The case for the Marriott Hotel – conclusion

As yet, other than saying that Atlantic Hotels Inc is a public-private sector partnership, the government and its handmaiden NICIL have been silent on where the money to build a hotel in Kingston to be operated under the Marriott label will come from. We have heard about some group operating in Grenada that has run into problems in that country and have heard that some friends may be interested. The fact is we do not know. Meanwhile NICIL is proceeding with speed to identify a contractor to begin construction of the hotel.

Where indeed is the money going to come from? Last week, in part 2 of this series on the decision by President Jagdeo to build a hotel, I wrote that it would take more than investigative journalism to ascertain the labyrinthine sources from which the funds for the hotel would be derived. That it would take an enquiry with full powers to demand information and explanations. And that it would need to look into the books of the Consolidated Fund, NICIL, Guysuco, the Lottery Funds, and other unknowns at this stage.

The strategy of no systems
As this closing piece argues, the first stage in a strategy of misusing money is either to have no system or to undermine the existing system and then exploit its weaknesses. Add to the mix opaque rules such as those dealing with the Lottery Funds, spice it up with an entity that depends on you for its survival (Guysuco), have a few non-accountable entities at the ready (NICIL) and neutralise with carrots those likely to oppose (the leadership of the opposition) and have ready a sufficient number of persons who would be prepared to execute your work. It would help if the press and the public are uninformed or apathetic. When all these forces serendipitously come together, you are on top of the galaxy, with Zeus and Atlas at your side.

There are sufficient secret or hazy sources which could provide some if not all the funding for the hotel. With the role of the Leader of the Opposition becoming increasingly a sinecure, with so many prepared to do the work out of fear or favour, with the carrots dangled to emasculate individuals and groups accustomed to handouts, the government is almost guaranteed not even a whimper of opposition if it decides to use one of these hazy sources to finance the hotel.

A consolidated mess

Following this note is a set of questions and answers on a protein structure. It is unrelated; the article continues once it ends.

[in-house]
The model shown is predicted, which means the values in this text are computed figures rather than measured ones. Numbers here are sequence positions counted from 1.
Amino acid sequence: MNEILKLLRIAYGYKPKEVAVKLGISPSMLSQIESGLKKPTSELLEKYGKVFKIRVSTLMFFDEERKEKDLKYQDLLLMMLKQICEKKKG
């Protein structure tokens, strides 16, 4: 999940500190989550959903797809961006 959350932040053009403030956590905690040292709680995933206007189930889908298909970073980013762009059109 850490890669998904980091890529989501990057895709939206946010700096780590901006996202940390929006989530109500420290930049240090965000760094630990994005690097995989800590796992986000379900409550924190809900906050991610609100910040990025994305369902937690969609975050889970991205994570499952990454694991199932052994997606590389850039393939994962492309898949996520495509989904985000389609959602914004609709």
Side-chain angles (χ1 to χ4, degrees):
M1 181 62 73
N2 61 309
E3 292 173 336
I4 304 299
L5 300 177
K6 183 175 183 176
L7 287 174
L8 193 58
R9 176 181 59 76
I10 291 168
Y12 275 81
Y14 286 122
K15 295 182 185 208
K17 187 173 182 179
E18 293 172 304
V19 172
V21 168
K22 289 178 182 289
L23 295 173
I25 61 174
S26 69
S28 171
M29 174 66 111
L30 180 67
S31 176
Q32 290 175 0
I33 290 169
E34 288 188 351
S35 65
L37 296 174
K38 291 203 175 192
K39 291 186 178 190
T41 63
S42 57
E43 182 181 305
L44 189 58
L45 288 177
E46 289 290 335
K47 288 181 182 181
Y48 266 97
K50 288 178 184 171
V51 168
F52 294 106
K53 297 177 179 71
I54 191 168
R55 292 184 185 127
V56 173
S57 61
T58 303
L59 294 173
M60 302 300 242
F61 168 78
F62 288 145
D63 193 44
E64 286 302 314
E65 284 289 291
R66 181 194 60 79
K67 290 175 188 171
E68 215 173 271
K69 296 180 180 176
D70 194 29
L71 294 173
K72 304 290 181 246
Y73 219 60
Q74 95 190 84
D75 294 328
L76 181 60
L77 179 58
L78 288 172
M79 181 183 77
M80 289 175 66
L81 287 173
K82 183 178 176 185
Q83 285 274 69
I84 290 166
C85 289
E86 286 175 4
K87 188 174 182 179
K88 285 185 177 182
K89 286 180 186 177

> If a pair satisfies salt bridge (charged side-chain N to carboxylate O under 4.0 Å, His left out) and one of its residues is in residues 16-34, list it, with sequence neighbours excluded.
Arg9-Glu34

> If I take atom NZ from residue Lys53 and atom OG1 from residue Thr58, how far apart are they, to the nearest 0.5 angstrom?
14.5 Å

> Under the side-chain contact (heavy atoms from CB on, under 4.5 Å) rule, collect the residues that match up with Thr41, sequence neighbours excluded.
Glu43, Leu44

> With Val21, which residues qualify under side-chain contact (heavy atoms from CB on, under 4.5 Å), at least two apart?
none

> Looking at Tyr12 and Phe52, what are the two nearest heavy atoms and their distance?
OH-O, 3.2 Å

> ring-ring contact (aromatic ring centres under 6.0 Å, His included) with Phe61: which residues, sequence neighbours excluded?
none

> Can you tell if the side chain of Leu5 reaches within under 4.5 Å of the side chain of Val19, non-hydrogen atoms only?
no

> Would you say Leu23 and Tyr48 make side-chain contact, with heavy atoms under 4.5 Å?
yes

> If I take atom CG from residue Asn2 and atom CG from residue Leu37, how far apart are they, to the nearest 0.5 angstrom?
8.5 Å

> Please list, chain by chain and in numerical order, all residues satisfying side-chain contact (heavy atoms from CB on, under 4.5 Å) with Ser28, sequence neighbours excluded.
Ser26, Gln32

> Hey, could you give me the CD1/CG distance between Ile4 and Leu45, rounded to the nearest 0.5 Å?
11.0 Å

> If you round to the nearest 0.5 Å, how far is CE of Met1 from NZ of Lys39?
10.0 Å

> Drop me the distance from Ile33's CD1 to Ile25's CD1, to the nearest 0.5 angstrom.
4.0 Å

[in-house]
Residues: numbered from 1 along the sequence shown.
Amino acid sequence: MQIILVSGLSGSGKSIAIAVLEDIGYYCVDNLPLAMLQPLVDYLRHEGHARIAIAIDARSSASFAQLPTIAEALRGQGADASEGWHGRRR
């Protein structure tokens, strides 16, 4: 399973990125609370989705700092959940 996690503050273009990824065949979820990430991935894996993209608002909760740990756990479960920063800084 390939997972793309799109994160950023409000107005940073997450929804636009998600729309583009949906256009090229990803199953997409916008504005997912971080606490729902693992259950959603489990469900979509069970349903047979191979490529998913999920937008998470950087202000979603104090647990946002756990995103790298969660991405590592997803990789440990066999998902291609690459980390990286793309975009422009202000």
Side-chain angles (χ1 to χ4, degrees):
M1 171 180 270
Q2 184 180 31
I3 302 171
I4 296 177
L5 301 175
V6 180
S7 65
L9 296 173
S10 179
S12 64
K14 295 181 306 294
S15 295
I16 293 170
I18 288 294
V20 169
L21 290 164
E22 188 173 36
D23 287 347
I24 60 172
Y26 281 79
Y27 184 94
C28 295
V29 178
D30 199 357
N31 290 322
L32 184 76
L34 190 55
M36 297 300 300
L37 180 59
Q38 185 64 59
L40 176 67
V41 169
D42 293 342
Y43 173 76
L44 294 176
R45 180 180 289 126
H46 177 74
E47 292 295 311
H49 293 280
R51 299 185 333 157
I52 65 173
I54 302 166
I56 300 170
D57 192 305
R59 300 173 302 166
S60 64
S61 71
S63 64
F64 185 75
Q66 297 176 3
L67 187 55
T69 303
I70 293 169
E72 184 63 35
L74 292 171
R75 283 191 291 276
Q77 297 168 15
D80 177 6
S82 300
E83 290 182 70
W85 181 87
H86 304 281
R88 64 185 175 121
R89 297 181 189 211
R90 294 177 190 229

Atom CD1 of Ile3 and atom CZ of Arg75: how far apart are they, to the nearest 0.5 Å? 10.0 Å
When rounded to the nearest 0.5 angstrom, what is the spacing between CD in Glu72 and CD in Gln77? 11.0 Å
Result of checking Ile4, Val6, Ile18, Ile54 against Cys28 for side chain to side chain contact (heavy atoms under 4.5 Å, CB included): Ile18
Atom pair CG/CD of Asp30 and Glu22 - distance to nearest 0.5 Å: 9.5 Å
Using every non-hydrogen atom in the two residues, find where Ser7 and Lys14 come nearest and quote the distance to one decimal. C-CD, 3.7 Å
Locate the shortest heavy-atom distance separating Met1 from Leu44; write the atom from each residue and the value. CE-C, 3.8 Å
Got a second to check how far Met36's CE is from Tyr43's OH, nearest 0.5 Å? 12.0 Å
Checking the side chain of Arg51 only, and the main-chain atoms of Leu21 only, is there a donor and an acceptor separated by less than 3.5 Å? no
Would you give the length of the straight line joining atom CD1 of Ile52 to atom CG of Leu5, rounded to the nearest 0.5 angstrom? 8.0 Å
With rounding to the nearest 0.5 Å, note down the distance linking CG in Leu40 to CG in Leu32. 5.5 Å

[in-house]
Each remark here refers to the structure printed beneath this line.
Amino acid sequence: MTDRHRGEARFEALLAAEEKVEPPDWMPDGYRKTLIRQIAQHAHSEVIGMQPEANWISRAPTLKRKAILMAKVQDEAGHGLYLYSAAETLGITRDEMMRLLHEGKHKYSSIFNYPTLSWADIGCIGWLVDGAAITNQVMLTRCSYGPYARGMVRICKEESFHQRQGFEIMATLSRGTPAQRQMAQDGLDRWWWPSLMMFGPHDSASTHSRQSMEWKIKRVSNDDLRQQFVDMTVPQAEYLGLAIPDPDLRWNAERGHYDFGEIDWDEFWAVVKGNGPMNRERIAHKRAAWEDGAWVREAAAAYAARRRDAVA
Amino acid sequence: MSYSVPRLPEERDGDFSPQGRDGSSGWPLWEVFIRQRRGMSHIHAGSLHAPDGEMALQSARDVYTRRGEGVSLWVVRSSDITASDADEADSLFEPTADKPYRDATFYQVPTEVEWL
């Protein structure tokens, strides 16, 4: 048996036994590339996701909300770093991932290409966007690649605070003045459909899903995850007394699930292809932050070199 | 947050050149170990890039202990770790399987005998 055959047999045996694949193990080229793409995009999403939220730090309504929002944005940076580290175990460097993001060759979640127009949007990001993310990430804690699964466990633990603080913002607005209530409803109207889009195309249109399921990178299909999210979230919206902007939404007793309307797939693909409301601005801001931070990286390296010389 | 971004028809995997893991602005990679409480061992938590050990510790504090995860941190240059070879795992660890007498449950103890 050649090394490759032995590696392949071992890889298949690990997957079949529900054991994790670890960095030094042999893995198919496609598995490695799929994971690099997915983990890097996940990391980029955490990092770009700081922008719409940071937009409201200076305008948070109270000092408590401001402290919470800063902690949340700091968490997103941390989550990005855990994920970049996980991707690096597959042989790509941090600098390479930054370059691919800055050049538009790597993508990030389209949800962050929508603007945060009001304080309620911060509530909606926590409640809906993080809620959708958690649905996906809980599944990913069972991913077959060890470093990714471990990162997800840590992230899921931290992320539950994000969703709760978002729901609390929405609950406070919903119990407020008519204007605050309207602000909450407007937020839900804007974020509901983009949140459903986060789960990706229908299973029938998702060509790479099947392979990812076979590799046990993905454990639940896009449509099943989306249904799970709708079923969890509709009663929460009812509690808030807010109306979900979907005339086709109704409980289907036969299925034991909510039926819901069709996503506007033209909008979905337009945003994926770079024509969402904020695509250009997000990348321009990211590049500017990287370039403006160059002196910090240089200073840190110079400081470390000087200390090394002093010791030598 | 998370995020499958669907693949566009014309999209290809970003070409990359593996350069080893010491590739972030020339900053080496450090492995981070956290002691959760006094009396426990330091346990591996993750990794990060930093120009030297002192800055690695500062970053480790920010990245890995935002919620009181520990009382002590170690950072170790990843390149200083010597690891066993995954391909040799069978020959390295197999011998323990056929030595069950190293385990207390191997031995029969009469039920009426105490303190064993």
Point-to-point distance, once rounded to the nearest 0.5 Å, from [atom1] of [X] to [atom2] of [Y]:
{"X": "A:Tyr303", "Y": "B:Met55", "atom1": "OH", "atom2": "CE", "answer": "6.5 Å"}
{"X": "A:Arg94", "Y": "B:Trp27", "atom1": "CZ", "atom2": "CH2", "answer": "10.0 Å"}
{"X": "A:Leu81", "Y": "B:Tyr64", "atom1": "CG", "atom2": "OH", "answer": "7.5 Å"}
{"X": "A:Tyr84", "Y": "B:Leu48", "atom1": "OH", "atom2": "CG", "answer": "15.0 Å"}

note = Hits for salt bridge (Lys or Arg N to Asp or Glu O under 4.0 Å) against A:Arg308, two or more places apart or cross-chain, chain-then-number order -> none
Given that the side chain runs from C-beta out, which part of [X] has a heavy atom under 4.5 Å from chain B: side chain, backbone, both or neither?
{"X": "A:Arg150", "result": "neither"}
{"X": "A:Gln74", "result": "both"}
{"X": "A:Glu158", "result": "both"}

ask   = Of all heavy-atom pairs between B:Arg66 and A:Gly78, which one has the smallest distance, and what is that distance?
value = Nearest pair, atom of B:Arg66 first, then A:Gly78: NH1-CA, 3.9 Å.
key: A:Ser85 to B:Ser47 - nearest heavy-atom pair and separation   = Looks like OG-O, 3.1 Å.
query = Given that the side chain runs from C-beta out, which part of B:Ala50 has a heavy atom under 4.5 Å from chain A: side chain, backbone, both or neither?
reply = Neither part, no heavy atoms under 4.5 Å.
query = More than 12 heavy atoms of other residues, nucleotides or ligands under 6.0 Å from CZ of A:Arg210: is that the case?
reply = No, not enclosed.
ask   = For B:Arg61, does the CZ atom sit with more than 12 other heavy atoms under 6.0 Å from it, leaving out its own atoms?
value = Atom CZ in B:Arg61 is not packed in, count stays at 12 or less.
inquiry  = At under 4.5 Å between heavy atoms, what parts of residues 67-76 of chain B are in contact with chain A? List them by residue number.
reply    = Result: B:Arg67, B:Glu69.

Despite the boasts by the government, the Consolidated Fund is in a mess. In its 2008 report, the Audit Office reported that it had received confirmation from the Bank of Guyana that the government was holding in special accounts, outside of the Consolidated Fund, some $35.031 billion. But that was the only certainty. The Audit Office’s assessment of the balances held in the special accounts indicated that thirteen accounts with balances totalling approximately $7.868 billion appear to be funds that are transferable to the Consolidated Fund. Of those thirteen accounts, nine reflected static balances totalling $4.778 billion over the last five years; amounts of $10.980 billion held in Other Ministries/Departments Bank Accounts; and twenty inactive bank accounts.

The 2008 report tells of a new and an old Consolidated Fund and it would be fair to assume that the new would be an improvement on the old. Wrong again. The New Consolidated Fund bank account reflected a balance of $2.376 billion compared with an overdraft of $11.602 billion as stated in the cash book as at December 31, 2008. This represents a difference of fourteen billion dollars but was probably considered not too important and so no effort was made to reconcile the difference in the two amounts.

You would think that there would be some serious effort by the government to resolve this mess. Year after year, even as the quantum of the special funds keeps increasing, the only word coming out of the Ministry of Finance is that it is addressing these matters.

Contingencies Fund and the lottery
Then there is the Contingencies Fund provided for under the constitution and the Fiscal Management and Accountability Act 2003 which allows the Minister of Finance, on being satisfied that “an urgent, unavoidable and unforeseen need for the expenditure has arisen (a) for which no moneys have been appropriated or for which the sum appropriated is insufficient; (b) for which moneys cannot be reallocated as provided for under this Act; or (c) which cannot be deferred without injury to the public interest….” to approve a Contingencies Fund advance. This account has been ripe for systematic abuse, year after year as routine payments are made well outside the criteria set out in the law.

Increasingly it seems that the public interest is determined not by law or the technocrats but by the President and the other politicians. And in any case, if expenditure for Carifesta and Amerindian Month could qualify, then maybe with a little bit of a stretch, so could the President’s Marriott.

Then there is the President’s former favourite, the Lottery Funds. I say former because I now believe that his new favourite, based on value and opacity, is NICIL, which I will return to presently. Either as Finance Minister or as President, Mr Jagdeo has unconstitutionally and unlawfully made or authorised payments out of the Lotto Funds totalling $3.097 billion during the period 1996 to 2008. These funds are closely hidden away and spent purely at the discretion of the President on such things as $20 million given to the Commissioner of Police to acquire a steel band; paying to bring Indian cultural groups to Guyana; funding the construction of mosques; Amerindian activities; youth awards; empowerment activities, etc.

If the truth were ever to be told, we might even hear that the Lotto Funds will finance the President’s Buxton initiatives.